Art exhibitions at Kendal Mountain Festival 2018
Connection to the Landscape, mountains and nature is our central theme this year. Spreading out from the festival hub at the Brewery Arts Centre is a network of art that will immerse you in the Landscape
This year we welcome the following artists:-
Jane Rushton: Breathing Spaces
Jane will be showing paintings and mixed media works that reflects on an immersion in the landscape and environment of northern locations including the Highlands of Scotland where she lives, Greenland, and Svalbard.
Whether responding to the infinitesimal relationships that occur between elements, or taking a very large overview, these artworks are about noticing, paying attention, valuing, and sharing.
Jane's work will be displayed in the Sugar Store Gallery which is located in the Brewery Arts Centre. Her website is here
Jenny McLaren : Tracing Contours
I am not so much a mountaineer, although I love being on the mountains, as a wanderer of the in between places. I choose paths that will take me through the passes, routes that let me see the shape of the mountain from a distance and from various directions. Walking is as important to my art practice as the actual touching paint to paper is.
The work in “Tracing Contours” will be a painted diary of selected walks taken over the 5 months leading up to the exhibition. Landscape containing both mountains and a body of water is my main subject. I find I can only paint a place by spending time in it and taking notice of as much as I can while I’m there. I take photographs and sketch and sometimes make small works on the spot, the larger paintings are all completed in the studio. I work mainly in water based media (watercolour, acrylic ink, acryl gouache) on paper, wood panels or old maps.
Jenny's work will be displayed in the Warehouse Cafe which is located in the Brewery Arts Centre. Her website is here
Mountain of Destiny: Kanchenjunga 1929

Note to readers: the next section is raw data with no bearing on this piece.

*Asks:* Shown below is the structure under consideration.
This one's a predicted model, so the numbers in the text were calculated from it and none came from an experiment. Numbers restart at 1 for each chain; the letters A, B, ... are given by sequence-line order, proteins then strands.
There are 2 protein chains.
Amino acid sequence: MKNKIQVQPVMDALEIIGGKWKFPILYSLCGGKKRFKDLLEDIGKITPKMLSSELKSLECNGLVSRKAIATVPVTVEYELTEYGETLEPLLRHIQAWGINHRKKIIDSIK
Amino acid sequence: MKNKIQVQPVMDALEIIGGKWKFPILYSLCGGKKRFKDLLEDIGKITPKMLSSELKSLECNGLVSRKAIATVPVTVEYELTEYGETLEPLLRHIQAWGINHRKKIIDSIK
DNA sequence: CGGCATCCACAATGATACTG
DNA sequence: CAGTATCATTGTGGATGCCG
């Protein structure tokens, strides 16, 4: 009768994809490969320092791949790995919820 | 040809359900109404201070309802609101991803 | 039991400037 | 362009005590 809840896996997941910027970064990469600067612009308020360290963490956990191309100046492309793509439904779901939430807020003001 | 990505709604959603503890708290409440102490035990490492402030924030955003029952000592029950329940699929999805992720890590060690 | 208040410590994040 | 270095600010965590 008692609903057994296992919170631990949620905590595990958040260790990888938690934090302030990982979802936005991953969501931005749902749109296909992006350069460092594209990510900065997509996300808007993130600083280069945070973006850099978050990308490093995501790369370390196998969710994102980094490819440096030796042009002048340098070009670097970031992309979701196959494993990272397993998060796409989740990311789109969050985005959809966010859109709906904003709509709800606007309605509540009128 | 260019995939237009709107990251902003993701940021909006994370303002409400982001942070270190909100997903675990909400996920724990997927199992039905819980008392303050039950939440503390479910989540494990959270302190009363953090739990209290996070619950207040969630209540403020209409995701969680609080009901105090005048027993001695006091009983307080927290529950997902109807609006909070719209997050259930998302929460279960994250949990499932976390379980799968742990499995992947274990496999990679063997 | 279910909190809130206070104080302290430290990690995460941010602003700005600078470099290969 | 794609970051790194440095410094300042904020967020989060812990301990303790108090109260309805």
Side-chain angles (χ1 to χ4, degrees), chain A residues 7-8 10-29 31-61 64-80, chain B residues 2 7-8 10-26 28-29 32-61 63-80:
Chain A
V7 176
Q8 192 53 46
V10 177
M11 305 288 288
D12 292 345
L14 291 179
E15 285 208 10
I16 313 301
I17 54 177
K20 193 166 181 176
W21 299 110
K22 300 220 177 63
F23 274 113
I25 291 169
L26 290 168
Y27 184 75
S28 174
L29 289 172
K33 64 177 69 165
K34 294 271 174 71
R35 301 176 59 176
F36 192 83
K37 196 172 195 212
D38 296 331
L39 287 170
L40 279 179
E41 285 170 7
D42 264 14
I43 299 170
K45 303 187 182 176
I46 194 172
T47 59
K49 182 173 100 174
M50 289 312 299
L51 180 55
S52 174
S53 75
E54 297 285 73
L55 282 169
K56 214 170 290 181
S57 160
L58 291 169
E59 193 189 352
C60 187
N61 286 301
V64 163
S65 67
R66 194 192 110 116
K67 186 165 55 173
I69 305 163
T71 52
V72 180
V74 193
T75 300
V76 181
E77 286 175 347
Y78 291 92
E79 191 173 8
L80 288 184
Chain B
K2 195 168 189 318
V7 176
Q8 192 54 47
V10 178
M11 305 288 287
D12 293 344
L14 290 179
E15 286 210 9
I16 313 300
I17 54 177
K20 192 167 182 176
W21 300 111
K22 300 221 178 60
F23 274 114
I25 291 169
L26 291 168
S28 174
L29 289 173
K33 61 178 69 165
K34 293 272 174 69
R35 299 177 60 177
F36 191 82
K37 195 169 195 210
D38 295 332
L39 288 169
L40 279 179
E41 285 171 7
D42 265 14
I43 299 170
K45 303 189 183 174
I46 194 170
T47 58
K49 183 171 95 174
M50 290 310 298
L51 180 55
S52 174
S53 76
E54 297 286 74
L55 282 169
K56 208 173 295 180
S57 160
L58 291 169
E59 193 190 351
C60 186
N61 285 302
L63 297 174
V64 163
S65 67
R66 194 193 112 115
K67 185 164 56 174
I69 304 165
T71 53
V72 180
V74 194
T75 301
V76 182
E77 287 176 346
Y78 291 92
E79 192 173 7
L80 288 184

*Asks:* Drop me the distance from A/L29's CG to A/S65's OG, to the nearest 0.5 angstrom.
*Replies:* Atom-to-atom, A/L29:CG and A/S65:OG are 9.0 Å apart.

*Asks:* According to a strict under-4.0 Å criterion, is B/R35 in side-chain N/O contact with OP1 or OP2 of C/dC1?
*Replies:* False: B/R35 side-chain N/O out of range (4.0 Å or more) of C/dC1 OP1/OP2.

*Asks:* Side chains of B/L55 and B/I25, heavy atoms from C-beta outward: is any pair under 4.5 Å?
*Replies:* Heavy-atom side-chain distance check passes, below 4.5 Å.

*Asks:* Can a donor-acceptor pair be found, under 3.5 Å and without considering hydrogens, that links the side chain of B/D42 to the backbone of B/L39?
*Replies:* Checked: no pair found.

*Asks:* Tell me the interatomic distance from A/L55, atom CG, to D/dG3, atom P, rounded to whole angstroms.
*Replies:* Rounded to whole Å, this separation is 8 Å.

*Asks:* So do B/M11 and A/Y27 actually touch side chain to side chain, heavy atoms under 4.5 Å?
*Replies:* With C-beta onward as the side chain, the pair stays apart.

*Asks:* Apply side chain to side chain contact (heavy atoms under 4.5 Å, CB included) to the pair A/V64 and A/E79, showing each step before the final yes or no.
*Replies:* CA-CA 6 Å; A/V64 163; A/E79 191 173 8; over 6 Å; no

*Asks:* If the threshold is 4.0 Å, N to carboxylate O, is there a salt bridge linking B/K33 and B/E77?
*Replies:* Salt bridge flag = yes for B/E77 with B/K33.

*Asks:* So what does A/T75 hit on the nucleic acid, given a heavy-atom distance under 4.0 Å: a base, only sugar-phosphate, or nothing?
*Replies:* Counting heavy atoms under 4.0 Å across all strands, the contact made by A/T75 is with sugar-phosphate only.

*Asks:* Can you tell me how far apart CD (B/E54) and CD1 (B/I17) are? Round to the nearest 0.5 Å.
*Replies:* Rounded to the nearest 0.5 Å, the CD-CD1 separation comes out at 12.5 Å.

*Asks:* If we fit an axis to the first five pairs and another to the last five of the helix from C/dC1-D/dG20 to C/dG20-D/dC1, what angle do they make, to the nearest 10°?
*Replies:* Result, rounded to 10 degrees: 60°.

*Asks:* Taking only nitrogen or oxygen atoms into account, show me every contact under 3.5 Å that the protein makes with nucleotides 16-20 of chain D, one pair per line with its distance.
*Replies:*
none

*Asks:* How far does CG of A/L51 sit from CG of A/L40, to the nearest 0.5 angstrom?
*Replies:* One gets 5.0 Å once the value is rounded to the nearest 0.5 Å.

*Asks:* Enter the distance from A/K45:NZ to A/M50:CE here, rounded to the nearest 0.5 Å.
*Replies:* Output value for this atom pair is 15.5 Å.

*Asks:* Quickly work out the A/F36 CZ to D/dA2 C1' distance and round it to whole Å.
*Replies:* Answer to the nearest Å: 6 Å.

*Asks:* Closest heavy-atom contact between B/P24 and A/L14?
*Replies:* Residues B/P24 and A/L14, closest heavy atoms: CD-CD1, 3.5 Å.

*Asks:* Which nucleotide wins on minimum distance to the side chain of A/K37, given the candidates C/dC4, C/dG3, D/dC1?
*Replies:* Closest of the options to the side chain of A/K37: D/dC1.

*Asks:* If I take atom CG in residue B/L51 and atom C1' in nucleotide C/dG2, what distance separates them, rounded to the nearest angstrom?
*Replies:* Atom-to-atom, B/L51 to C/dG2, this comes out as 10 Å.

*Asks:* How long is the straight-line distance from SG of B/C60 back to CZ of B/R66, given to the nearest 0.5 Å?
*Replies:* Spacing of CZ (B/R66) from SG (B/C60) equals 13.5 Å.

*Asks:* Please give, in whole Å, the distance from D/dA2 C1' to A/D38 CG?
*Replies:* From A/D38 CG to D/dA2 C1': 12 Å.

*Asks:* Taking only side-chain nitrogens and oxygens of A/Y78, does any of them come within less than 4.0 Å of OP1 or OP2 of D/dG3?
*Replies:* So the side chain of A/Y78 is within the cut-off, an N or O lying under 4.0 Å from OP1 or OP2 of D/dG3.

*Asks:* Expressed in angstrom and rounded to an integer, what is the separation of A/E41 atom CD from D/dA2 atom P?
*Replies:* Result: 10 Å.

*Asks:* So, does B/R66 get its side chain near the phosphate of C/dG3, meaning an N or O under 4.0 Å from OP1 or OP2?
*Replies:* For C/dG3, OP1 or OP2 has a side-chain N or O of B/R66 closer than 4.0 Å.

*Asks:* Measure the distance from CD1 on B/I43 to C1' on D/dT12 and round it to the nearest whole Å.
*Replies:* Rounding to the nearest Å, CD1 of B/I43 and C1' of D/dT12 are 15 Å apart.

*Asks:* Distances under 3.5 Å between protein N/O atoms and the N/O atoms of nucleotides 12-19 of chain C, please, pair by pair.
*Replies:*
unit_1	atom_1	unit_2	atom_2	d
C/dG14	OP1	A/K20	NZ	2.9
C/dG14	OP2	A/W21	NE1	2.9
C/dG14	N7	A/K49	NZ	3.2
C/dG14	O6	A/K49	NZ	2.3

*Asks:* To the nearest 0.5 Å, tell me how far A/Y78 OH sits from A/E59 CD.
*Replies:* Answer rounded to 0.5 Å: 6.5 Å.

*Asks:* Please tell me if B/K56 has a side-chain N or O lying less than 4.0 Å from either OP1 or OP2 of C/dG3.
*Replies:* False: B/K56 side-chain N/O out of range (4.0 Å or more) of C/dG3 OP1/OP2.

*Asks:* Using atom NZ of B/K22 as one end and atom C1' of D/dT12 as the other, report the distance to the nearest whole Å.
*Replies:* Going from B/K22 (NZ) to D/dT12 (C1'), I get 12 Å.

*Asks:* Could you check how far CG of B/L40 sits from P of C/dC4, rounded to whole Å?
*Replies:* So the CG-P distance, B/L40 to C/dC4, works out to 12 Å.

Photographs from the 1929 German Kanchenjunga Expedition presented to E. O. Shebbeare (private collection) and paintings of Kanchenjunga by the landscape artist Julian Cooper curated by Dr. Jonathan Westaway, University of Central Lancashire.
In 1929 Germany launched its first Himalayan mountaineering expedition under the leadership of Paul Bauer. Its goals were explicitly nationalistic, motivated by a desire to rebuild a faith in German manhood and to finally leave behind the defeat and humiliation experienced in the First World War. Bauer’s various accounts of the Kanchenjunga expeditions in 1929 and 1931 are shot through with the language of struggle and military metaphors, the celebration of mountaineering comradeship harking back to the camaraderie of the trenches. Underpinning it all was a sense of German national destiny expressed in the language of racial theory.
But if the expedition’s goal was to establish German mountaineers on the world stage it also brought them into contact for the first time with the multi-ethnic world of the Himalayas. The photographs taken by Bauer and his colleagues Julius Brenner and Dr. Eugen Allwein all exhibit a strong ethnographic sensibility, sensitive to the ethnic diversity of Sikkim and the region. Sherpa and Bhotia high-altitude workers are accorded special attention. They featured in group photographs and individual portraits. One remarkable photograph features the expedition cook Tenchaddar, seated outside a tent, praying in the Lotus position. The sublimity of this image is underlined by the fact that, all too often, Western mountaineers ignored and belittled the indigenous religious practices of the expeditionary labour force they relied on.
What marks these images out as unique is that they were annotated by E. O. Shebbeare, the British transport officer on the 1929 Kanchenjunga Expedition. A forestry official and founder member of the Himalaya Club, Shebbeare was able to name most of the Sherpas featured in the photographs, preserving for us their individuality and unique identity. In one tender portrait a group of seven Sherpas lies in the grass, smiling at the camera, twirling Edelweiss in their hands. The flowers, a symbolic link with the Germans’ own Bavarian homeland, signal a tranquil moment before the fruitless struggle on the N. E. Ridge. Mountain of Destiny: Kanchenjunga 1929captures a unique moment in German Himalayan mountaineering before the deadly focus on Nanga Parbat consumed so many mountaineering lives and before German and Austrian mountaineering organizations became subsumed into the Nazi Reich.
Heaton Cooper Studio Gallery, Grasmere, Cumbria, opens 15thNovember 2018, part of the Kendal Mountain Festival 2018.